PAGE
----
Such a publication as this is bound to be uneven in tone and there are some comparable treatments of different stories by different writers which make different points: it could be argued that the discovery of the secondary control room in The Masque of Mandragora and the Doctor's "That's how it all started!" exclamation at the end of The Five Doctors are both cases of the authors of the series seizing control of the audience's memory: as Masque tries to suggest that the Hartnell, Troughton and Pertwee Doctors had used the secondary control room, when they had never been seen to do so on screen, Five Doctors asserts that the beginning of Doctor Who was the Doctor's flight from his own people in a TARDIS that doesn't work properly, thereby displacing the programme's original mystery. Yet while Jonathan Blum emphasises how Masque convinces the audience that Doctor Who was 'always like this' when a glance at earlier episodes shows that it wasn't, Graham Kibble-White sees the close of The Five Doctors as a thank you to "those who were there at the beginning", when it's celebrating elements of the format which weren't actually there.

Still, this special edition remains a great achievement for the team at Panini Magazines - an intricate but precise and clear design from Peri Godbold, as usual, and a range of writers many of whom haven't been seen in DWM for a long time - though obviously we will be seeing a lot of one Steven Moffat, who writes on Dragonfire, in the future.

Comments

Posted by: Virgers! How are we doing with those explosives? (tree_and_leaf)
Posted at: May 23rd, 2009 08:35 am (UTC)
Tardis

I must get hold of thise!

Posted by: parrot_knight (parrot_knight)
Posted at: May 23rd, 2009 09:01 am (UTC)
Tom

Do! There were a few copies in WHsmith yesterday, and more in Borders. Hours and hours of fun can be had with it. I'd utterly forgotten about the moment chosen for Kinda/i>; and Tom Baker's ad lib deserves the full page it gets for The Face of Evil.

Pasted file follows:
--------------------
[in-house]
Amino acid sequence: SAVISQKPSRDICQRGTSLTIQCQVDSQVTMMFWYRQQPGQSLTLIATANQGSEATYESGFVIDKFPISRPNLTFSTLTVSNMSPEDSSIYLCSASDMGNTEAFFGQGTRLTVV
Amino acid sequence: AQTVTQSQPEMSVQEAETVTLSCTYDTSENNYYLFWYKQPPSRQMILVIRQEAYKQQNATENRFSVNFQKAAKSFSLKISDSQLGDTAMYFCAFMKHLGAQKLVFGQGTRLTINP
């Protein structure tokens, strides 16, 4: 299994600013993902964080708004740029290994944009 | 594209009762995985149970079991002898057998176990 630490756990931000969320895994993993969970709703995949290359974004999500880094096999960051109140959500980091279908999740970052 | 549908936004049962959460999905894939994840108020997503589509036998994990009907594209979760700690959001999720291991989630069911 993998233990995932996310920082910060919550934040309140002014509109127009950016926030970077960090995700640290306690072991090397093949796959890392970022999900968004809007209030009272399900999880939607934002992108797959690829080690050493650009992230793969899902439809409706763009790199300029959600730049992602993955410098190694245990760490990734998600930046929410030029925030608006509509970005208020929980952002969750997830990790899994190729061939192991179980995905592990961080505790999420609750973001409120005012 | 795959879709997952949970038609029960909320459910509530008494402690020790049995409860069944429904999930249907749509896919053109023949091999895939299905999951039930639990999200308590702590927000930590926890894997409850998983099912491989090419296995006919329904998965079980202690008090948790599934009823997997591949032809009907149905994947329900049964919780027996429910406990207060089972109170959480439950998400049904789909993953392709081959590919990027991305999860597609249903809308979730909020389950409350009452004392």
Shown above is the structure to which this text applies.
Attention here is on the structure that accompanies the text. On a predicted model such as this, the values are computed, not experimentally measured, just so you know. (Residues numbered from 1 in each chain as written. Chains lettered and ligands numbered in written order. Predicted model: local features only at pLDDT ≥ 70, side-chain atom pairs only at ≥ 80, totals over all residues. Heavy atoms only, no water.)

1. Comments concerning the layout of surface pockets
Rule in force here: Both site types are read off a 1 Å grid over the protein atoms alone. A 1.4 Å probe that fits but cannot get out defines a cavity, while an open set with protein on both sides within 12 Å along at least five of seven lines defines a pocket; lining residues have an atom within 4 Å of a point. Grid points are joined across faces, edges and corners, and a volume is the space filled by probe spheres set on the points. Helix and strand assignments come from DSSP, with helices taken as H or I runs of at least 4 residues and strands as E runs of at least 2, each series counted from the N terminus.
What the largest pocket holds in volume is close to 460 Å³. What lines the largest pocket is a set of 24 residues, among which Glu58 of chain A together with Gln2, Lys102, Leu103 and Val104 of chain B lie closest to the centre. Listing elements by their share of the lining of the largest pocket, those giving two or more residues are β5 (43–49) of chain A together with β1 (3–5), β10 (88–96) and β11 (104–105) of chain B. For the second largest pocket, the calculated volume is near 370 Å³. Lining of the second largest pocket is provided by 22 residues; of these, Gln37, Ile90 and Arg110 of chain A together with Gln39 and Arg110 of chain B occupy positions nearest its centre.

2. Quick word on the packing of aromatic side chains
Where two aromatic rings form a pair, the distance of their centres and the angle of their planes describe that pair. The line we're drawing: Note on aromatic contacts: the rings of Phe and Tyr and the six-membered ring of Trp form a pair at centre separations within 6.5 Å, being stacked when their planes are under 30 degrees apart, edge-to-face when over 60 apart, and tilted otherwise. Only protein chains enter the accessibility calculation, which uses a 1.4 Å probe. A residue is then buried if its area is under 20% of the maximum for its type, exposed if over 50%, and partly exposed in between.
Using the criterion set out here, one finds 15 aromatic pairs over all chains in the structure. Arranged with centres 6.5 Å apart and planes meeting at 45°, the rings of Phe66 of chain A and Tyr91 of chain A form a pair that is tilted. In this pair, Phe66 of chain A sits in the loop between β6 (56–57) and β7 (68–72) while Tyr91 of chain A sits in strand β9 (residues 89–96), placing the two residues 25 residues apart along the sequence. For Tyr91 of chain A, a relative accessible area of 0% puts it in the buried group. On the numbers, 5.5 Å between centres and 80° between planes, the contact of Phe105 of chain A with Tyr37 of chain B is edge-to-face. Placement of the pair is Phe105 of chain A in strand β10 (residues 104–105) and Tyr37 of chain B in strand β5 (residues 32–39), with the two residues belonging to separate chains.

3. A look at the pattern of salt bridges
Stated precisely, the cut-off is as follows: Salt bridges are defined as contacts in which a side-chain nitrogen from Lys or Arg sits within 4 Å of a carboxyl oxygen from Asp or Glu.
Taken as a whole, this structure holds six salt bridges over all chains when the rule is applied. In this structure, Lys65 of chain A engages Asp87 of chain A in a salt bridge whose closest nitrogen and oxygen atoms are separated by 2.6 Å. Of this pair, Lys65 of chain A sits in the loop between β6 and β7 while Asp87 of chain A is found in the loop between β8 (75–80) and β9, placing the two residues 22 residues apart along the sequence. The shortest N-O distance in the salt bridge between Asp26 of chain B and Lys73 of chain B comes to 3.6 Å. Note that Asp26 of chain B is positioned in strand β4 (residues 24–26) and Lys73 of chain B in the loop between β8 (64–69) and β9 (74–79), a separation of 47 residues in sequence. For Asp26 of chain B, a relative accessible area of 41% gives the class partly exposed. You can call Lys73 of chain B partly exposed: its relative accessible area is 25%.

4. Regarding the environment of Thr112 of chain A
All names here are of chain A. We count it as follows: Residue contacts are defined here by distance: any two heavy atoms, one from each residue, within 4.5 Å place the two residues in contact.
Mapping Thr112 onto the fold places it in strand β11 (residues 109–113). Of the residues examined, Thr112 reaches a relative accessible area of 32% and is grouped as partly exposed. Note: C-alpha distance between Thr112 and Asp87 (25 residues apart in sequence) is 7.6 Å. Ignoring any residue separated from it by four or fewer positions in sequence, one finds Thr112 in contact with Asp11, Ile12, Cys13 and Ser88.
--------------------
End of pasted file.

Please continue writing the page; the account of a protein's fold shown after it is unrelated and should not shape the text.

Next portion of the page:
Posted by: El Staplador (el_staplador)
Posted at: May 23rd, 2009 09:42 am (UTC)

I must admit that, for me, the most memorable moment of The War Machines was the shot of the bicycle, front wheel spinning, reflected in a puddle - but it was a lovely shot. Also the way Dodo Chaplet went off without a second glance - something Rose could learn from, methinks. But I'll have a look for this; it sounds rather interesting.

Posted by: parrot_knight (parrot_knight)
Posted at: May 23rd, 2009 09:49 am (UTC)

That period of the programme treated outgoing companions as disposable without disguising this; and I'd forgotten that moment in The War Machines. It's the sort of thing which is repeated throughout the 'alien invasion/mass possession' stories, but I think that this is the first occasion.

Posted by: daniel_saunders (daniel_saunders)
Posted at: May 23rd, 2009 10:21 pm (UTC)

I haven't finished this yet, but I also thought it was very good. DWM has improved in my estimation recently, and this was the best thing they have produced in a long time. I was particularly glad that most of the authors stuck to analysing their chosen scenes (even if a couple essentially just described the scene) without the nostalgic reminiscing that characterised some previous specials, which always made me feel a little out of place as someone who became a fan when the programme was no longer being made.

Posted by: parrot_knight (parrot_knight)
Posted at: May 23rd, 2009 11:14 pm (UTC)
Tom

Until 2005 a lot of the DWM writers did treat it as a house journal for fans who had been born before 1980; this was acknowledged, really, in Gareth Roberts's piece in DWM 351 waving goodbye to the inter-series period.

The next issue is going to have the first three Doctors as the main cover stars, which is revolutionary in the modern era.